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Memory and Bus Conflict in an Array Processor
June 1977 (vol. 26 no. 6)
pp. 514-521
G.J. Nutt, Department of Computer Science, University of Colorado
The multiassociative processor (MAP) system is a hypothetical machine composed of eight control units (CU's) and an arbitrary number of processing elements (PE's). Each CU is allocated a subset of the identical PE's in order to process a single-instruction-stream-multiple-data-stream program. The eight CU's must be able to access a common main memory system and transmit data to subsets of the PE's over a shared data bus system. This paper discusses the analysis of these two components of the system where this analysis relies heavily on three simulation programs. The first program interprets assembly language programs for the hypothetical machine and the other two programs model the memory system and the data bus system. The interpreter is driven by both realistic array processor programs and synthetic programs designed specifically to test the components of the system.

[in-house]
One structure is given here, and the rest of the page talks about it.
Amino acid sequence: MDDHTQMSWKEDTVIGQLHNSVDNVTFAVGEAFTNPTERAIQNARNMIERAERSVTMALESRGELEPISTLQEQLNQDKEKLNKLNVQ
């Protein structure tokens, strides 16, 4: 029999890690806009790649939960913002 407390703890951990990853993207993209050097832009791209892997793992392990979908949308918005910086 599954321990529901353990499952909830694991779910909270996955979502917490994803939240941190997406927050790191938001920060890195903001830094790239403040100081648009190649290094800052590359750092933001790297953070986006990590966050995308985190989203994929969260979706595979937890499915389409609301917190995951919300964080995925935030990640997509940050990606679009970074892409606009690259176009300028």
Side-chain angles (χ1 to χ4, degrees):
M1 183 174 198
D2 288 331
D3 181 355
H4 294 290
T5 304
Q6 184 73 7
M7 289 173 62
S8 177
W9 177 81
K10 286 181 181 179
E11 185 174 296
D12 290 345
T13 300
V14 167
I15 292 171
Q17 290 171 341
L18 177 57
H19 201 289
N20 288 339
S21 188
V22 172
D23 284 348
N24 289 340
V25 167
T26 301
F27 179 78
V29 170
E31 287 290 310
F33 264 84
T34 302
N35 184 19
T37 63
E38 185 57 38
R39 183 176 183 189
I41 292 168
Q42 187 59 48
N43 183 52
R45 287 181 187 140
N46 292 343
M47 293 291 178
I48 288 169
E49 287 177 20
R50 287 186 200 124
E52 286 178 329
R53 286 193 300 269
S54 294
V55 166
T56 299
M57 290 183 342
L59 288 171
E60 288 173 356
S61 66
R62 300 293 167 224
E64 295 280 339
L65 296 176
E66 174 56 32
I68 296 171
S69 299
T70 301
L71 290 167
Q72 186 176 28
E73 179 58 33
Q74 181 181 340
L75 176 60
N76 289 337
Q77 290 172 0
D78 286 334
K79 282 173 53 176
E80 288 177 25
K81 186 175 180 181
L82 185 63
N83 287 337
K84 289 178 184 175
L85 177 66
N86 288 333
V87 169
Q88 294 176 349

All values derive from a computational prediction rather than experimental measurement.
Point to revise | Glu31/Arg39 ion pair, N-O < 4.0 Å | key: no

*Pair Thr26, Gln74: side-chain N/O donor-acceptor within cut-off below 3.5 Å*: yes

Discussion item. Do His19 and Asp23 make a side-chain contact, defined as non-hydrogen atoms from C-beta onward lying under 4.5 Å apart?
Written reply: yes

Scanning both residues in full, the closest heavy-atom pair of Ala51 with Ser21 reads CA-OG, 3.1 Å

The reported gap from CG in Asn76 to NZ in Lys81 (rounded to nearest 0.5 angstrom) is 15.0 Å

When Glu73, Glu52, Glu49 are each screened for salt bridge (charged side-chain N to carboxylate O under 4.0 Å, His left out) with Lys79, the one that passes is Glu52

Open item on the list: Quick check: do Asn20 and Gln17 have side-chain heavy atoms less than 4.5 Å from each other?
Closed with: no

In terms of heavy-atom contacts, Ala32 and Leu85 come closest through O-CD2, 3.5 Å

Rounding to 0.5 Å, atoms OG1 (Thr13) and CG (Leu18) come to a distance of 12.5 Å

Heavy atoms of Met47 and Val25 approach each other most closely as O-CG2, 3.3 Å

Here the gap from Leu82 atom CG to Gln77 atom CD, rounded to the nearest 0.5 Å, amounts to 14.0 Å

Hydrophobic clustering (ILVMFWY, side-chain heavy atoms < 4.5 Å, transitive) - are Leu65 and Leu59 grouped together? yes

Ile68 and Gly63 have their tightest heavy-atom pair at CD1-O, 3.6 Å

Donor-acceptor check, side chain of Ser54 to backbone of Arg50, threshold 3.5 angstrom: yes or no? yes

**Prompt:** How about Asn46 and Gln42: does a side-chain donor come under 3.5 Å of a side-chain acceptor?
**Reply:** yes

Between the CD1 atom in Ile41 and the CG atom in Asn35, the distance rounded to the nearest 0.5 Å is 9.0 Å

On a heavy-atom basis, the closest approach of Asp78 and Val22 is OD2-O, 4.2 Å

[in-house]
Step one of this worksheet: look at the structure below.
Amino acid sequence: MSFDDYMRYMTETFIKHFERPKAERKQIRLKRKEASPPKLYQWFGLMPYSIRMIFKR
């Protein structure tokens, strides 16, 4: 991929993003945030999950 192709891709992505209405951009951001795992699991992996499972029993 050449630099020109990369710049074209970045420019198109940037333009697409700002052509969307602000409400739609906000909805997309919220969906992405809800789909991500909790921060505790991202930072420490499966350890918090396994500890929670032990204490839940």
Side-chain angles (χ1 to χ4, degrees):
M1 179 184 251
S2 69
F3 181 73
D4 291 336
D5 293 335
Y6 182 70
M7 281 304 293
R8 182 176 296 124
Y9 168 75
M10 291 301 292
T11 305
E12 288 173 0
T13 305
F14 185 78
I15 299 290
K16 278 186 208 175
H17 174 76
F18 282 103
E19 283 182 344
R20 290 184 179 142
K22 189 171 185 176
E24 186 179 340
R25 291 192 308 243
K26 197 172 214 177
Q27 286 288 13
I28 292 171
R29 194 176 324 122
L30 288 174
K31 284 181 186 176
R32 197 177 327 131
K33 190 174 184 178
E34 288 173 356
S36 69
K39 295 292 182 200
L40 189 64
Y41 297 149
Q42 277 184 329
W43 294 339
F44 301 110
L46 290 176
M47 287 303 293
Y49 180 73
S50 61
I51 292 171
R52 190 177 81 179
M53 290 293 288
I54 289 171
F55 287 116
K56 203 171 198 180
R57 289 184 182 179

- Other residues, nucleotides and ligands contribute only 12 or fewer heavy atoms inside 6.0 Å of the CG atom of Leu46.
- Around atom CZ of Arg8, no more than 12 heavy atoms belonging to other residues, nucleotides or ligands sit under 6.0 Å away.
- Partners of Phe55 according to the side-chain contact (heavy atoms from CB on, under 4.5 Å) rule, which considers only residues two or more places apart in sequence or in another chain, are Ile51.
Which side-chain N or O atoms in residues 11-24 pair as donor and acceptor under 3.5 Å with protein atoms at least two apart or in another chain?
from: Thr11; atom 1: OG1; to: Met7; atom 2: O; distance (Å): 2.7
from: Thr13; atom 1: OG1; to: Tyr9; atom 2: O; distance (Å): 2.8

Index Terms:
Array processor, associative processor, design evaluation, multiprocessor, SIMD, simulation, trace driven simulation.
Citation:
G.J. Nutt, "Memory and Bus Conflict in an Array Processor," IEEE Transactions on Computers, vol. 26, no. 6, pp. 514-521, June 1977, doi:10.1109/TC.1977.1674877
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